Binder Just Misses Breaking Janet Evans’ 1650 Record

CITY OF COMMERCE, Calif., March 4. ADRIENNE Binder isn't just dreaming of becoming the next Janet Evans.

She's on her way to surpassing Evans' exploits — or at least giving it a good shot.

At the California-Nevada Speedo Championships here over last weekend Binder, who swims for Coach Ira Klein at the Santa Barbara Swim Club, clocked history's third-fastest 1650 with her pr 15:42.44.

Evans, triple Olympic gold medalist at Seoul 15 years ago and still world record-holder in the 400, 800 and 1500 meter freestyles — plus American/NCAA record-holder in the 500-1000-1650 frees — set the "mile" record while a sophomore at Stanford with her 15:39.14 clocking at the 1990 NCAAs in Austin.

Binder did a 15:42.44 Sunday, two seconds slower than the 15:40+ that SMU sophomore Flavia Rigamonti — a Swiss Olympian — swam to win the WAC title at San Antonio Saturday evening. That time is now history's second-fastest performance.

Binder's swim ranks her third on both the all-time performers' and performances' lists and is the best non-collegiate 1650 ever.

The San Marcos High senior had gone 15:48.88 at last year's Sppeedo meet in Las Vegas, so 12 months later she's six seconds faster — and still improving.

She also swam a 4:43.26 500 free, just off her pr of 4:42.75 from last spring's CIF Championships at Belmont Plaza.

In the 1000 free she went a pr 9:31.28 which, were she in college, would rank her No. 1 nationally.

Her splirs were even more astonishing. In the 1000, she split 4:44.54 at the 500. In the 1650, she was 4:43.71 at the 500 and 9:30.14 at the 1000 — even faster than her nation-leading 1000.

Binder's coach, Ira Klein, understandably was brimming over with enthusiasm Sunday night: "Tonight we witnessed one of the all time greatest swims in a non-national meet with Adrienne's 15:42.44. I know Rigamonti just went 15:40, but like Evans' record swim, it was done in a championship meet where she swam possibly a max of five times.

"In this four day sectional meet," he noted, "Adrienne swam no fewer than 13 times before this event. On the first day she went the 1000 free in 9:31.28, the fastest time by an American since 1990. Tonight she went out to her 1650 in 9:30.14!"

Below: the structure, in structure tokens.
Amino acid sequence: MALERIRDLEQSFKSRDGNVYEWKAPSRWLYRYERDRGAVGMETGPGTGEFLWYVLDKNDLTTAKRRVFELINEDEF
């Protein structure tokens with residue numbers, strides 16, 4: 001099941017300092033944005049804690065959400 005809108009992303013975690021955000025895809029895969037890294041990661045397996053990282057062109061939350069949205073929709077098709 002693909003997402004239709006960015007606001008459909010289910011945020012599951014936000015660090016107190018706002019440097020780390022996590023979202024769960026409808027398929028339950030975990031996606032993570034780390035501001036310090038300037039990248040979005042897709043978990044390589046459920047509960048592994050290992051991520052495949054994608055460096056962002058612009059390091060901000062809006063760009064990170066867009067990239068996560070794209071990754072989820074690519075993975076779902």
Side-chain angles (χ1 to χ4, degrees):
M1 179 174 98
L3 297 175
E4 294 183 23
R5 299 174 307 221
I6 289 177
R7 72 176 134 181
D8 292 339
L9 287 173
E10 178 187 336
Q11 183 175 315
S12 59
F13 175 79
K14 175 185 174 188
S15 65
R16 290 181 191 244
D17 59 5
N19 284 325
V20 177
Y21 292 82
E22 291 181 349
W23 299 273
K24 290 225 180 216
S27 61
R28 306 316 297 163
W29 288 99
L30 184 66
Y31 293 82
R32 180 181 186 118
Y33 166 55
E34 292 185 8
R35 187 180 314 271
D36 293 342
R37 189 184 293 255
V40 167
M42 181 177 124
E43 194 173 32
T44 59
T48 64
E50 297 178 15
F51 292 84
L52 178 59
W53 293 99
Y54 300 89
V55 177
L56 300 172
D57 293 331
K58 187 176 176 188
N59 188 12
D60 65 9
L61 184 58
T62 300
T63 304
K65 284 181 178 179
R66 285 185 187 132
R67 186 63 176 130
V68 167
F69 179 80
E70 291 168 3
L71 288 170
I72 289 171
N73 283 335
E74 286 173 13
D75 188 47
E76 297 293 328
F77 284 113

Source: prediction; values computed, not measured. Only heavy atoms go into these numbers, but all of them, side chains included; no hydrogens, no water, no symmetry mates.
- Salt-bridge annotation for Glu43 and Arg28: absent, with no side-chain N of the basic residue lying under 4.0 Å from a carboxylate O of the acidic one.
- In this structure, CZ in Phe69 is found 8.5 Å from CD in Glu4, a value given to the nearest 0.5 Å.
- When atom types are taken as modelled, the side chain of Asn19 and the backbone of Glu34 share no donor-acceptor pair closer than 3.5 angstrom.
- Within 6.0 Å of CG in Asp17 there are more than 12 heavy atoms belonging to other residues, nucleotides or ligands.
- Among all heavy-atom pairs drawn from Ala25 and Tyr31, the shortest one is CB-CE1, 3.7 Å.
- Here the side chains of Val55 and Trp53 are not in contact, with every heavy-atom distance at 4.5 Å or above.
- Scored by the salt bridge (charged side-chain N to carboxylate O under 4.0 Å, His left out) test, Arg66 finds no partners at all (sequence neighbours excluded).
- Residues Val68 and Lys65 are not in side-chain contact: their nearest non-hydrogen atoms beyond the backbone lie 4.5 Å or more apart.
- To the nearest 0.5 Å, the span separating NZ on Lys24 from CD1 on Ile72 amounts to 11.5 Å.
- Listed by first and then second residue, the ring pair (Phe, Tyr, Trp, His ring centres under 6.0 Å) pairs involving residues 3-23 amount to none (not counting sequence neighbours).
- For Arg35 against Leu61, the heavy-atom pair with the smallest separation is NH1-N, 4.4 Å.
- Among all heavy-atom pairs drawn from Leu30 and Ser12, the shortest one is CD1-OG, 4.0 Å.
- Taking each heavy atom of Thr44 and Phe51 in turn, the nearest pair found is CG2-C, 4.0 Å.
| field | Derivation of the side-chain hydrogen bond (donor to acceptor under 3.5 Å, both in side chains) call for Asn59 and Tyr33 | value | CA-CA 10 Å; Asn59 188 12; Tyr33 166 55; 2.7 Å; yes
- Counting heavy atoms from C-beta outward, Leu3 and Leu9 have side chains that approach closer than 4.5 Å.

Over the weekend, Binder swam the 100 & 200 fly, 200 & 400 IM (second in 4:16.12), 200 free (second in 1:49.33), 500 free and the 400 and 800 free relays before swimming her incredible 1650.

There were some other good times at the meet. Perhaps the biggest surprise — besides Binder's mile swim — was in the women's 200 fly and 400 IM. Here double Olympic gold-medalist Yana Klochkova of Ukraine won both in times that would easily qualify her for the NCAA Div. I Championships: 1:57.51 for the fly and 4:11.12 for the 400 IM.

Klochkova won both IMs at Sydney and set the current world record in the 400, a race she also won a year later in Fukuoka at the World Championships. But she was upset in the 200 IM by the USA's Maggie Bowen, who will be looking to repeat this summer at the Worlds in Barcelona come July.

Klochkova swam an Olympic record 2:10.72 200 IM at Sydney. That time is second on the all-time perforamanes' list to China's Wu Yanyan's world record 2:09.72 from the '97 National Games in Shanghai.

In case you're wondering, don't look for Klochkova to turn up on some college coach's deck any time soon (save perhaps as an assistant coach). She's been a pro since before the Olympics and thus ineligible for NCAA competition.

NOVA's Jason Lezak dominated the men's sprints, going 19.7 – 43.8. Mission's Larsen Jensen was king of the men's distances (4:24 – 9:07 – 15:16) and a newcomer — NOVA's Albert Sung — won the men's backstrokes (48.43-1:45.52).

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Author: Archive Team

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